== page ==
by Elisa Carbone


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Product Details

ISBN-13: 9780142419137
Publisher: Penguin Young Readers Group
Publication date: 08/18/2011
Pages: 288
Product dimensions: 5.40(w) x 8.20(h) x 0.80(d)
Age Range: 12 Years

About the Author

Elisa Carbone knows the subject matter of Jump extremely well, having rock-climbed across the country, including in Yosemite National Park. She is the author of many award-winning books, including Stealing Freedom and Storm Warriors. The mother of two grown children, she lives with her husband in Maryland and West Virginia.

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Jump 4.2 out of 5 based on 0 ratings. 15 reviews.
Michelle St. John More than 1 year ago
So unique and inspiring great book (FYI this book is available at most library) ;-)
harstan More than 1 year ago
After he tried and failed at suicide, Critter was locked away at a mental institution. However, he didn't hang around; long because he was able to escape from the asylum. Over her objections, her parents plan to send P.K. to boarding school. She refuses to hang around so she runs away from home. Critter and P.K. meet at a rock gym and recognize in each other a similar lost soul mentality. She invites him on a rock-climbing trip that he accepts. Both understand that their freedom sojourn will end once the authorities catch them or funds run out. As the pair begins to fall in love mounting one rock at a time, each finds a renewed élan for life. Targeting middle school readers, this is a terrific tale of two teens on the run together staying one jump ahead of the authorities chasing after them. Critter and P.K. find a common bond with one another. Fast-paced with ultra short chapters that rotate perspective mostly between the lead pair, fans will root for the runaways who find each other on rocks and a dumpster, but can they sustain it when both has issues that cage them. Harriet Klausner
Anonymous More than 1 year ago
I loved it could of had a beater ending but very very very good i love how u dont no how critter got in the wored till later on in the book. O the cop undercover was awesome. U will have 2 read the book 2 know what i am talking about. Awesome book sooooooooooooooooooooooooooooooooooooooooooooooooooooooooooooooooo good.
Anonymous More than 1 year ago
Short and to the point. But holds reader till the end.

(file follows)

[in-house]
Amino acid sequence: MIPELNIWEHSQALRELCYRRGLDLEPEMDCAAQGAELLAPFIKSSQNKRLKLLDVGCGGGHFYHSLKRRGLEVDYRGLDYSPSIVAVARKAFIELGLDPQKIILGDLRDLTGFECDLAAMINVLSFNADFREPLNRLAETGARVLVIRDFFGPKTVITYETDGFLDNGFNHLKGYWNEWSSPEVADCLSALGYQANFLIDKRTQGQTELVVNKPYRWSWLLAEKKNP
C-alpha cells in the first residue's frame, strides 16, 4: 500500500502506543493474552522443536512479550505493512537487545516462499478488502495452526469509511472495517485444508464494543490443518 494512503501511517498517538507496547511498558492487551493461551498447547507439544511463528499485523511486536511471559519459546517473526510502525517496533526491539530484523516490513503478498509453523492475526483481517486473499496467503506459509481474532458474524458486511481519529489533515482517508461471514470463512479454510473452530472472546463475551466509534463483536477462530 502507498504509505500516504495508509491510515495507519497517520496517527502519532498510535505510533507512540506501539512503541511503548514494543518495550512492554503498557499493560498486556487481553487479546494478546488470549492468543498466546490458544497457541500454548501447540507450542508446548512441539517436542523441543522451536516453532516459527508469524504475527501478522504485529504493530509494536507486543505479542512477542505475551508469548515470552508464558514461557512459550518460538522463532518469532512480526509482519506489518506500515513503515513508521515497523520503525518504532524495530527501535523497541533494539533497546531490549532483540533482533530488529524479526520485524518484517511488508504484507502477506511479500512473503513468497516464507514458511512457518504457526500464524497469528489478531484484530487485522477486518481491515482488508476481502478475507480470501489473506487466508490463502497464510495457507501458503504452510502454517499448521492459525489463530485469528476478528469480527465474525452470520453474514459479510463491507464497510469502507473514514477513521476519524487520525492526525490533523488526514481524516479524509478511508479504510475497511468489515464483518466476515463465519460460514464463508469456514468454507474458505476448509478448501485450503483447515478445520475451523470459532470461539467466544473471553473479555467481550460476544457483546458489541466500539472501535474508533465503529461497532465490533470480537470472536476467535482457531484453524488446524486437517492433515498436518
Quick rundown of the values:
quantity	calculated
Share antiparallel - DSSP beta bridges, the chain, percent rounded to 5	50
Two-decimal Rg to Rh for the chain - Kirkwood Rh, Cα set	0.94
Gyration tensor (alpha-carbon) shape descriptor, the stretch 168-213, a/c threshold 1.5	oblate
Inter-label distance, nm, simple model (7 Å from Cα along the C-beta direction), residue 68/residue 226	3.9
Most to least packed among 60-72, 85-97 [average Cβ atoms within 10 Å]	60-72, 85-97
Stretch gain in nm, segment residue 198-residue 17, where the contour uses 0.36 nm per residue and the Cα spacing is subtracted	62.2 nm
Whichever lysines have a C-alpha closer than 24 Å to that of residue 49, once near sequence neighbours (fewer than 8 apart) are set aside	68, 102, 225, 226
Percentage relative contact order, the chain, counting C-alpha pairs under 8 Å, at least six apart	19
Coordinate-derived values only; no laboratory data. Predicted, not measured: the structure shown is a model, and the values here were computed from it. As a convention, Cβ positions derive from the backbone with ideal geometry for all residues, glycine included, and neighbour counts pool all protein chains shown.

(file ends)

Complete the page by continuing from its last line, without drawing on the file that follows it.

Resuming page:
jonilee73 on LibraryThing 8 months ago
I didn't love it. The summary is a lot different than the actual book. P.K. already knows a lot about Critter's past BEFORE the police show up. She actually knows that the police might show up. He has warned her. So in my opinion, the summary is not very accurate and it is made to make the book much more dramatic. At times the book was confusing. Critter rambles on and on about how everything is made up of energy and nothing is solid, not even our bodies. Kind of like in The Immortals series, by Alyson Noel, though in Jump it is explained much more complicated. I had a hard time keeping up and I found myself skimming through paragraph after paragraph to get to the story without all the energy theories and stuff going on. The premise of the story, P.K. running away so she doesn't have to attend boarding school, Critter escaping the psych ward cause he doesn't belong there, was an ok one.We didn't really get to know P.K. very well. Not much is revealed about her life and her friends before she runs away. All we really learn is that she rock climbs and that she has strict parents. And by the end of the book all we really know is that she rock climbs and that she has strict parents. Do I recommend it? Not really. It was a fast read, but probably because I skipped a few paragraphs so I could just get to the point of the story. I wouldn't read it again. If the idea of energy and manifesting things intrigues you and you want to read about in a book that is not a fantasy or paranormal book, then maybe you will enjoy this though.
stephxsu on LibraryThing 8 months ago
P.K. refuses to be sent to a reform boarding school by her parents. Critter escapes from the mental hospital. Together, they decide to live it up and hitchhike out west to in order to find some great rock-climbing sites, a hobby they¿re both passionate about. Throughout their adventures, P.K. realizes the unique soul that Critter is, and the two misfits begin to fall for one another. But can their connection survive obstacles in the real world that threaten to tear them apart?From Elisa Carbone comes a book that will take you to unexpected places¿and not just in terms of the rock-climbing. JUMP is a beautifully written, marvelously well researched, and soulful story that is reminiscent of genre-defining books like Stargirl.Elisa Carbone¿s prose is poetry in motion. The chapters alternate between P.K. and Critter¿s points of view, and the words follow the rhythm of their thoughts and actions: if they¿re moving, the words are uncluttered, efficient, one after the other, and if they¿re more contemplative, the words meander almost ethereally. Woven between this intricate prose is a confidence in subject detail that is rarely matched in YA lit: it¿s clear that Carbone knows her rock-climbing lingo inside out. The rock-climbing language that P.K. and Critter speak may be unfamiliar to most of us, but its value is, once again, in its rhythm, of putting us right there on that rock face alongside the main characters.Critter reminds me a lot of Stargirl in Jerry Spinelli¿s classic eponymous novel. Both are people who seem to ¿get¿ the truth about living and this world a little more than the rest of us think we know best. As a result, it¿s fascinating to read about Critter, to see him from both his eyes and P.K.¿s. Regardless of whether or not you can relate to the characters, the two of them together make for an eye-opening reading experience, and Critter¿s explanations of how the world works in particular should linger on your mind, maybe even become embedded in your own personal philosophy.The plot I felt was perhaps a little uneven at times, in that it was too easy for me to put the book down and go do something else, because nothing altogether tangible really connects the golden strands of these characters¿ developments together. However, JUMP was still a worthy read, and I¿ve found passages of the book still turning in my head even now, weeks after I read it. Read this if you, like P.K. and Critter, think you¿re ready to make that jump into another level of YA lit, one that forces you to reevaluate your life philosophies and priorities.